Mark Twain said, “There are only two types of speakers in the world: the nervous and liars.” If you suffer from a fear of public speaking, or glossophobia, you’re in good company. Some of the world’s most successful people dread public speaking. It’s extremely common and can affect anyone. Here is some advice to make public speaking less daunting and even help you learn to enjoy it.
Perfect the content of your presentation.
If you’ve been asked to deliver a presentation, it’s crucial to completely understand what your audience wants to hear. Ask questions about the topic or event until you’re completely comfortable with what is being asked of you. It’s much more enjoyable to give a speech when you know the audience will find value in what you have to say.
It’s also important to speak to the audience in a language they understand. Be careful to avoid jargon if listeners wouldn’t be familiar with it. The purpose of a presentation is to transfer knowledge, so the audience must be able to follow along.
Also consider utilizing visual aids in your presentation to creatively convey information and keep the audience engaged. Additionally, visuals can take some pressure off you, the speaker, by explaining parts of your content. A picture is worth a thousand words, so let it do some of the work for you.
Practice, practice, practice!
You’ve heard the expression “practice makes perfect.” It’s especially true for public speaking. This doesn’t mean you need to memorize your entire speech, which 1) can pressure you to stick to the script, or 2) make for a boring speech as you mechanically tick through your talking points. Practice ensures you fully understand the content of your presentation and will help it flow naturally. The more time you take to finesse your presentation, the better.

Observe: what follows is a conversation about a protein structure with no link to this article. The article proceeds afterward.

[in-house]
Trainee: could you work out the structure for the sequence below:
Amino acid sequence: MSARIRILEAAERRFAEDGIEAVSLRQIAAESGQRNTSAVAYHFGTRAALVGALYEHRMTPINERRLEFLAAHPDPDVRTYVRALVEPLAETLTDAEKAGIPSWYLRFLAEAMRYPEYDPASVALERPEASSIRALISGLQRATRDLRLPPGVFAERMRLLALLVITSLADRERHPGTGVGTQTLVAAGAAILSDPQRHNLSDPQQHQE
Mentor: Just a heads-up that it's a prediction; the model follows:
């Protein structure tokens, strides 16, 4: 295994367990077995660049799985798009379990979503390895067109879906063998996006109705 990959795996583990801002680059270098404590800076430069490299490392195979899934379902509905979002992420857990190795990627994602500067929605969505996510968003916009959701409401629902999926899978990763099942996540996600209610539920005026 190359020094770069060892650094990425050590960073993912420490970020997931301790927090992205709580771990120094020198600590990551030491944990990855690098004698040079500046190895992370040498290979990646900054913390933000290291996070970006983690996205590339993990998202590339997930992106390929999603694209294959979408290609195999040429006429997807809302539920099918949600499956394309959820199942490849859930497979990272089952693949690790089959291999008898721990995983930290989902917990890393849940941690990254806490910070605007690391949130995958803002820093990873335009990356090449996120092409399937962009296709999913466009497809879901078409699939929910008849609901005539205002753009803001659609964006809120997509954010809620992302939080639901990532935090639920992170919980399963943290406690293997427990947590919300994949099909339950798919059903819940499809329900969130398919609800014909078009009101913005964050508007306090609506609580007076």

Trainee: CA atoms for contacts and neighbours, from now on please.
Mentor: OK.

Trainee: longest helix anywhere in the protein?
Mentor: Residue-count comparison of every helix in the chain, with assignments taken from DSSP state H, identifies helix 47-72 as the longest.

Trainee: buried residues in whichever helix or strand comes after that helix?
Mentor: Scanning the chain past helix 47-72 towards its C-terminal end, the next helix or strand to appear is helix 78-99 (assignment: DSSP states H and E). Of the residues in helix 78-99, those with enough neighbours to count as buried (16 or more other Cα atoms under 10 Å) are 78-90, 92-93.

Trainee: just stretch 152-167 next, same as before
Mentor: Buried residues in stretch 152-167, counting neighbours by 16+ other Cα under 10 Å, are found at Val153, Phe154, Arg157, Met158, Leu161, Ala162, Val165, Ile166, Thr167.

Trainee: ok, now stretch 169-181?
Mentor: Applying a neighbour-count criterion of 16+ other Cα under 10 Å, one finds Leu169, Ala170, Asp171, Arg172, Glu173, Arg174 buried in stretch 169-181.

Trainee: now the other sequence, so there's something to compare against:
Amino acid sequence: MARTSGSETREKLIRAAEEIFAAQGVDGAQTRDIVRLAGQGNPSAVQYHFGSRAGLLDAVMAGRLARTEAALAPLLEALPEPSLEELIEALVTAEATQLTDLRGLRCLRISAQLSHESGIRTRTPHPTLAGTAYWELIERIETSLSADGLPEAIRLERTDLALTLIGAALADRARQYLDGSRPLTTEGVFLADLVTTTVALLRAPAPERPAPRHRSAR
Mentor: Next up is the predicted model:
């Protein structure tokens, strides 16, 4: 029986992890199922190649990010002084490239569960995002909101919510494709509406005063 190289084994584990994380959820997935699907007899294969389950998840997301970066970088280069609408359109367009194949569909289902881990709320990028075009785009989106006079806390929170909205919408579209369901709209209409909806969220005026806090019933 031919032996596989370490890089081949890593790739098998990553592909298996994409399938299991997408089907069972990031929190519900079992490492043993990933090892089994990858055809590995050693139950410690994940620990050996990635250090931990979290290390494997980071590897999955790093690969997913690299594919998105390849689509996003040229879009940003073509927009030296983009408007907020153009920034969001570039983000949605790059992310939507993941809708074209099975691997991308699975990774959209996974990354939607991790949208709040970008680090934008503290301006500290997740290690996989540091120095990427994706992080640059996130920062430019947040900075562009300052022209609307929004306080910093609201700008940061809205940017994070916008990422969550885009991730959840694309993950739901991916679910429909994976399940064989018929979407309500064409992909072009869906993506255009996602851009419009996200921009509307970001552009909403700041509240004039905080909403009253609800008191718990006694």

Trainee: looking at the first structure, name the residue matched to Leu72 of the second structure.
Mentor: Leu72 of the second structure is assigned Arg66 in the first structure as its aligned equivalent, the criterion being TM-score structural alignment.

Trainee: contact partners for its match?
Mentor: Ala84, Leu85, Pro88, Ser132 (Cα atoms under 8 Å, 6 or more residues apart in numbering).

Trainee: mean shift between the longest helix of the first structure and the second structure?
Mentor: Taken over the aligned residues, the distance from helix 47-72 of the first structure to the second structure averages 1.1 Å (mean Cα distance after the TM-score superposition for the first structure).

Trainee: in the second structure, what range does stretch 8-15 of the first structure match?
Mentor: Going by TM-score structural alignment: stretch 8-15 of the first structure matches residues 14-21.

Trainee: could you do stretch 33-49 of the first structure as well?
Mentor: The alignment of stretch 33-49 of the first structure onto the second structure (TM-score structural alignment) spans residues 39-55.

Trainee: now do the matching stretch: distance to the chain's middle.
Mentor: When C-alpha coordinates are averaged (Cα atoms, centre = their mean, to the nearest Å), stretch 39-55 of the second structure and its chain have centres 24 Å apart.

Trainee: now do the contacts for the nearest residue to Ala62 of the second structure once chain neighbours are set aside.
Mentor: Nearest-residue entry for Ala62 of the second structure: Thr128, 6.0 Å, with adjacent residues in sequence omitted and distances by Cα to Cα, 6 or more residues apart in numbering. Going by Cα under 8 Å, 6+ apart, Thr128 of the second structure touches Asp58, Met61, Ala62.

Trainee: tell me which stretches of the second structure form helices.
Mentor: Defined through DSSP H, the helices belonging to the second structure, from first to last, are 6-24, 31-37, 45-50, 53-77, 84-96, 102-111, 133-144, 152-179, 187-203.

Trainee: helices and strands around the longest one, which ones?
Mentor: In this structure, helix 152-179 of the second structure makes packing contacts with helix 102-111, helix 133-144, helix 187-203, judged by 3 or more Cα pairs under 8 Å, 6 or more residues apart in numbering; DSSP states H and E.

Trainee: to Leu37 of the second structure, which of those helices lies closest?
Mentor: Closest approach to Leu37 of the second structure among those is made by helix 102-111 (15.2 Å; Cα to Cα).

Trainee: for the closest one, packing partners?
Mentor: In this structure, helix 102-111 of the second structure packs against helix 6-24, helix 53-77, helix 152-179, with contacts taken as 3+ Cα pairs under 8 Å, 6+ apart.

Often, we become too focused on the speaking element of a presentation. “How do I sound?” “Oh, I can’t forget to say that.” But one of the most important pieces of public speaking is mastering nonverbal cues. Everyone has nervous ticks – some people can’t make eye contact while others overuse hand gestures. It’s important to watch yourself speak, identify any fidgeting and modify the behavior. For example, if you realize you tend to make distracting hand gestures while speaking, practice only using them to emphasize key points. The stance you take while speaking also sends a message. Standing up straight and making eye contact allows you to appear confident in what you are communicating. Even if the confidence is an act, fake it until you make it!
It is also important to be comfortable with the environment of the presentation. If you are using technology in your speech, practice using it before the big day and, if possible, in the room where it will take place. Familiarizing yourself with the space, the technology and the content of your presentation will make you more comfortable when the time comes to share it.
Remember to breathe.
When the day of your presentation arrives, your nerves might be at an all-time high. If you’ve been practicing the content and feel comfortable, don’t overwhelm yourself by rehearsing right before the presentation, which can cause you to second guess yourself and become anxious. Instead, take time to focus on the intangibles of the day:
Look for opportunities to grow.
This tip may be the hardest to execute because it involves intentionally making yourself uncomfortable. If you avoid public speaking and only do it when absolutely necessary, you’re missing out on several opportunities for growth. Many organizations exist for the sole purpose of helping professionals develop their public speaking skills, such as Toastmasters.
If searching for opportunities to practice doesn’t appeal to you, try asking your audience for feedback when you speak publicly. Appoint one person in the audience to give you honest feedback after your presentation and use each presentation as a learning experience.
The fear of public speaking may be difficult to overcome, but your attitude affects the outcome. Relax, speak slowly and remember confidence is key, even if you’re faking it.
This post was written by Lovell Communications' intern Natalie Simpson.
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